A billionaire who supports abortion rights and more gun regulation, Schultz has long called himself a “lifelong Democrat.” But he now describes the party as an unnavigable institution, beholden to its liberal fringe and inconsequential to improvement of the country.
“Whether a Democrat wins the presidency or Donald Trump is reelected — I hope not — nothing is going to change because our politics and our government is broken,” Schultz, 65, said Wednesday on MSNBC’s “Morning Joe.” “I do not believe in what the Democratic Party stands for.”
Schultz’s personal Twitter account seemed to delve even further Wednesday into hard-nosed politics, with a tweet praising the “thoughtful analysis” of a conservative opinion column praising his run. The column called Sen. Kamala D. Harris (D-Calif.) a “shrill . . . quasi-socialist” and referred to Sen. Elizabeth Warren (D-Mass.) as “Fauxcahontas,” a jibe at her family’s claim of Native American ancestry.
The tweet was later deleted after a Washington Post reporter inquired, and an adviser to Schultz said the former executive was not personally responsible for sending the message.
Schultz’s aggressive approach reflects a core strategy his advisers have developed in recent months through extensive polling and research. Schultz hopes to turn the 2020 campaign into a referendum not only on Trump, as is traditional when a president seeks reelection, but on the nation’s two-party political system, which could open up space for partisans to reconsider an independent campaign.
To win a majority of electoral college votes, which Schultz says would be his goal, he would have to ultimately replace the Democratic nominee as the favored choice of voters who do not want Trump to win a second term.
In practice, this has led Schultz to focus far more of his initial fire on Democrats than Trump, whom he has called “unqualified” and “despicable.” He has particularly focused on attacking the Democratic Party’s more-liberal wing, including Harris and Warren — who are seeking the presidential nomination — and Rep. Alexandria Ocasio-Cortez (D-N.Y.).
His polling has shown that a liberal nominee would make his own prospects more viable, and he has mentioned the prospect repeatedly in describing his interest in a bid. He says he will make a decision on mounting a formal campaign in the coming months, though his advisers have prepared options for an advertising effort before then to introduce him to the country.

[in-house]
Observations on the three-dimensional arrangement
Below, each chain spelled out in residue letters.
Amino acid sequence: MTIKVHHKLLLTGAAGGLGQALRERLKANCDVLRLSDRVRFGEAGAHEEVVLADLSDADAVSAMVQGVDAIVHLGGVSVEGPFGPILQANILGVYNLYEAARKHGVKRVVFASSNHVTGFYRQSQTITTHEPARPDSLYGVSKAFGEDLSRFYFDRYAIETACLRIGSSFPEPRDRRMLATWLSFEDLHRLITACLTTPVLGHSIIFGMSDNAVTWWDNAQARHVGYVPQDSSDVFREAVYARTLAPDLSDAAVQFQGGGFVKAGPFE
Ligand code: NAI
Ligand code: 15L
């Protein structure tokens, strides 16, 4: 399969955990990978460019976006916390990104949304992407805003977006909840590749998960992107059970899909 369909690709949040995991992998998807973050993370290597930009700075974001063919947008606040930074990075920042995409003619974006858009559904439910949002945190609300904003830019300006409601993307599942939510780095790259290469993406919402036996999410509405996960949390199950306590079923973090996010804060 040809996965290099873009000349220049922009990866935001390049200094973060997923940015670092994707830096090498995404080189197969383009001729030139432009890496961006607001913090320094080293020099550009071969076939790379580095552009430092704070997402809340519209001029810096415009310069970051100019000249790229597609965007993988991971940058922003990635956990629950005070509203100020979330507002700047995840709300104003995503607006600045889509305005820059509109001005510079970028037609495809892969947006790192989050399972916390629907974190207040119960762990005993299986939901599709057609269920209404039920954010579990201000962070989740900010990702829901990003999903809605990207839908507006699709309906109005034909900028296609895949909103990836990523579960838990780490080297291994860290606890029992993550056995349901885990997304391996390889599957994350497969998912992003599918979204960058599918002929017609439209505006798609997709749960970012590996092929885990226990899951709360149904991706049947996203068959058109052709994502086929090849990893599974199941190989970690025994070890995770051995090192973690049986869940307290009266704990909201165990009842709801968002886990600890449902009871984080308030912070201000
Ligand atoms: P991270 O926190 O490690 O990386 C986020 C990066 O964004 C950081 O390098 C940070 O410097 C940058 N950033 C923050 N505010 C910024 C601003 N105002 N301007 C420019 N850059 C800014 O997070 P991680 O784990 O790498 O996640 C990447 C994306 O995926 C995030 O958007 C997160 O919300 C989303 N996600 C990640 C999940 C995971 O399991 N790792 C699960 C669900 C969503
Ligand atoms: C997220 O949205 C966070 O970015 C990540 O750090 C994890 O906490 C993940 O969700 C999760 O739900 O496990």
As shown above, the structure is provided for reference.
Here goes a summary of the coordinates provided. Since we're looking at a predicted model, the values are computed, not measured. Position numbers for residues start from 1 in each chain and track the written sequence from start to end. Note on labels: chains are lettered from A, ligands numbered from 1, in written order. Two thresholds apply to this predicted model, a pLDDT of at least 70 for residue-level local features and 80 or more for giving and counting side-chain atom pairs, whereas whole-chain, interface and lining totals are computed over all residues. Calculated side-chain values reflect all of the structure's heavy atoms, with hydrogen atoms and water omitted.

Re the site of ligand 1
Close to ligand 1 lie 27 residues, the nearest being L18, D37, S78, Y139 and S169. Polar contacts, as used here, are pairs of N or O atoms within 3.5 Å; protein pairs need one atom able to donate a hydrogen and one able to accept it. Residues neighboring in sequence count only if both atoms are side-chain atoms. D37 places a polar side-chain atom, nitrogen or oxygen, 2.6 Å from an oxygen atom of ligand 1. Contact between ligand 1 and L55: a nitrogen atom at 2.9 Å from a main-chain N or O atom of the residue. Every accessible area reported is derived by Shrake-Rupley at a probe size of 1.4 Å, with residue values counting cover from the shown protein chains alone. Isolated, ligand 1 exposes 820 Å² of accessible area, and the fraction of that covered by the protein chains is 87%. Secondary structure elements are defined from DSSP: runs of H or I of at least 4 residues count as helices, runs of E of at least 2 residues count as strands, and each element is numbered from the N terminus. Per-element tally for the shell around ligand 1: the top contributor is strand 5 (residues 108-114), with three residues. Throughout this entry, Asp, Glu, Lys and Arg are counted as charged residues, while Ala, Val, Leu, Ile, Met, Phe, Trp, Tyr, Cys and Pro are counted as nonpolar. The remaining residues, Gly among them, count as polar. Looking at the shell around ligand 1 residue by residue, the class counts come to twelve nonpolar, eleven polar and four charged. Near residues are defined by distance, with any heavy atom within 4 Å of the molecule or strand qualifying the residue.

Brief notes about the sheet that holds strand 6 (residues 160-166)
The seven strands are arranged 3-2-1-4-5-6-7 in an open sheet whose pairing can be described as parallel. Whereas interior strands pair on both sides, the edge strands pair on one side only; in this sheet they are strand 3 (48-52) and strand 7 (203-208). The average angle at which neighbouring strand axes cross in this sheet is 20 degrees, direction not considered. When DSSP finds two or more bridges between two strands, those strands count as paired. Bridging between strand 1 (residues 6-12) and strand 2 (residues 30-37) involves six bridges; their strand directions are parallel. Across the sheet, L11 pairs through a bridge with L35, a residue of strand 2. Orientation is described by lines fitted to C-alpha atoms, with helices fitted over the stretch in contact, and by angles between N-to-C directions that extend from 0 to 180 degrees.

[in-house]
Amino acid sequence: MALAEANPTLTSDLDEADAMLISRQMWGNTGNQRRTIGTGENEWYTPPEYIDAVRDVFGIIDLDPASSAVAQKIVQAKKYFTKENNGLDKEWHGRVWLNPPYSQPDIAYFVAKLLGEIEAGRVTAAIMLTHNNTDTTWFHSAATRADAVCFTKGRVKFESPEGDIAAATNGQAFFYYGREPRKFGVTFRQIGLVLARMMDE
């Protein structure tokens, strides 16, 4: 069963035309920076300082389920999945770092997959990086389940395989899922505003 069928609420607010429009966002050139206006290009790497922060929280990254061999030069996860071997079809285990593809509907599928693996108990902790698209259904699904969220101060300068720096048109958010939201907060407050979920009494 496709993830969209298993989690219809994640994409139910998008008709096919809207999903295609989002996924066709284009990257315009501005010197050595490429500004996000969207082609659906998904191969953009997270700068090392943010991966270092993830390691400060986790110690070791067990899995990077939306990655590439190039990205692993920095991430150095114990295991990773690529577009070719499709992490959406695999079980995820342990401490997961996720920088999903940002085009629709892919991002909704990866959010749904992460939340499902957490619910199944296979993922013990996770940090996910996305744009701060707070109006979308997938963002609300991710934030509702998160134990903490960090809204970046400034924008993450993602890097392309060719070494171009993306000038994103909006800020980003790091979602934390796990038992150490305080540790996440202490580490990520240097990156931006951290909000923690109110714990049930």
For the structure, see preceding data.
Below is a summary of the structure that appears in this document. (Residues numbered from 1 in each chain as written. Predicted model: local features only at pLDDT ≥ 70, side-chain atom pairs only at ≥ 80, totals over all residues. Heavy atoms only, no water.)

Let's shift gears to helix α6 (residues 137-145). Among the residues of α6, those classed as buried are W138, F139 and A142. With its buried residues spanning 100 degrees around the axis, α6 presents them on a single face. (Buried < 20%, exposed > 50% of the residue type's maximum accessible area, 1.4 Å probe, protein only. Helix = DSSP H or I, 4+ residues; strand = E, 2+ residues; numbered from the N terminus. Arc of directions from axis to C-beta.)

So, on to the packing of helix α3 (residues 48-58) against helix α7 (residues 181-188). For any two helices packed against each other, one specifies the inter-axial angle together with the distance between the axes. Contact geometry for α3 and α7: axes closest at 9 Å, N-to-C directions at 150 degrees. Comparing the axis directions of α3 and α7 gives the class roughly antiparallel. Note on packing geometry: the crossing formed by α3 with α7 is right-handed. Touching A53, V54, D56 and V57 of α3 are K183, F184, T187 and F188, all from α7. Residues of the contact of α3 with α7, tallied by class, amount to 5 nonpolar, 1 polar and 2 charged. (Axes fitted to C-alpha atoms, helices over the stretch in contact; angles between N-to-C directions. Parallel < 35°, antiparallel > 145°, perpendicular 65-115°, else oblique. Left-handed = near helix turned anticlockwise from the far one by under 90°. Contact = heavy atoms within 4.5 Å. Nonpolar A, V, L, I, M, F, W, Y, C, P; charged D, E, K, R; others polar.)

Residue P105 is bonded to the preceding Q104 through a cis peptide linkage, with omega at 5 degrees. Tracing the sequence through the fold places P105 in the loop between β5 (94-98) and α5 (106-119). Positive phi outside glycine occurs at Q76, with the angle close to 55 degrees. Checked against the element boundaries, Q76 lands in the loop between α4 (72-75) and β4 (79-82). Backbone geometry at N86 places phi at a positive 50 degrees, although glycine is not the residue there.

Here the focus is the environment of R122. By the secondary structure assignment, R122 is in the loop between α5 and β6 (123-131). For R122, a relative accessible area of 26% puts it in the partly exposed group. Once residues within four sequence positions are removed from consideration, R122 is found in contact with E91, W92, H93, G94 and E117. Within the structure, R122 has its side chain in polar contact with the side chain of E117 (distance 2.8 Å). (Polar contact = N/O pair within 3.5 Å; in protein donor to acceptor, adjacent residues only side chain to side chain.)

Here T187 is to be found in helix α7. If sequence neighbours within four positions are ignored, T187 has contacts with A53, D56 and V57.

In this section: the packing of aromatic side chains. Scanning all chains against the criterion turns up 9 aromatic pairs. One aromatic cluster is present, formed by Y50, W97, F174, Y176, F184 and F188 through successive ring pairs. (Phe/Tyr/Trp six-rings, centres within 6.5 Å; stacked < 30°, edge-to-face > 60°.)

Democratic officials remain split on how seriously to take Schultz’s attacks, and what sort of pushback is required, since there has not yet been any independent polling on his appeal. To date, most of the Democratic denunciations of him have focused on the risk that he would play the spoiler, unable to win the White House himself but successful in peeling off enough Democratic votes in the general election to reelect Trump.
“At this hour, he couldn’t even get to three electoral votes in Washington, D.C.,” said Donna Brazile, a former Democratic Party chair. “I don’t see him as a current threat to anything besides himself.”
Priorities USA, a Democratic-leaning super PAC that spent $126 million to defeat Trump in 2016, has decided that it is willing to allocate some of its early spending this year against Schultz if he decides to formally announce his candidacy.
“If he becomes an independent candidate, we would view him as a target,” said Josh Schwerin, a spokesman for the group.
Former New York mayor Michael R. Bloomberg, a billionaire who is considering a Democratic campaign for president, has been the most outspoken opponent.
“You have no chance of winning as an independent because of the electoral college’s requirement that you have to have a majority, rather than a plurality,” Bloomberg said Tuesday on a visit to New Hampshire.
Other Democrats are preparing for the possibility that Schultz could spend a significant share of his personal $3.4 billion fortune over the next 18 months in an effort to brand the Democratic Party as immoderate and ill-equipped to claim the anti-Trump mantle. That could change the dynamics in both the general election and within the party’s own nominating process if more-moderate Democrats make the case that they are more suited than liberals to hold off a Schultz bid in a three-way race.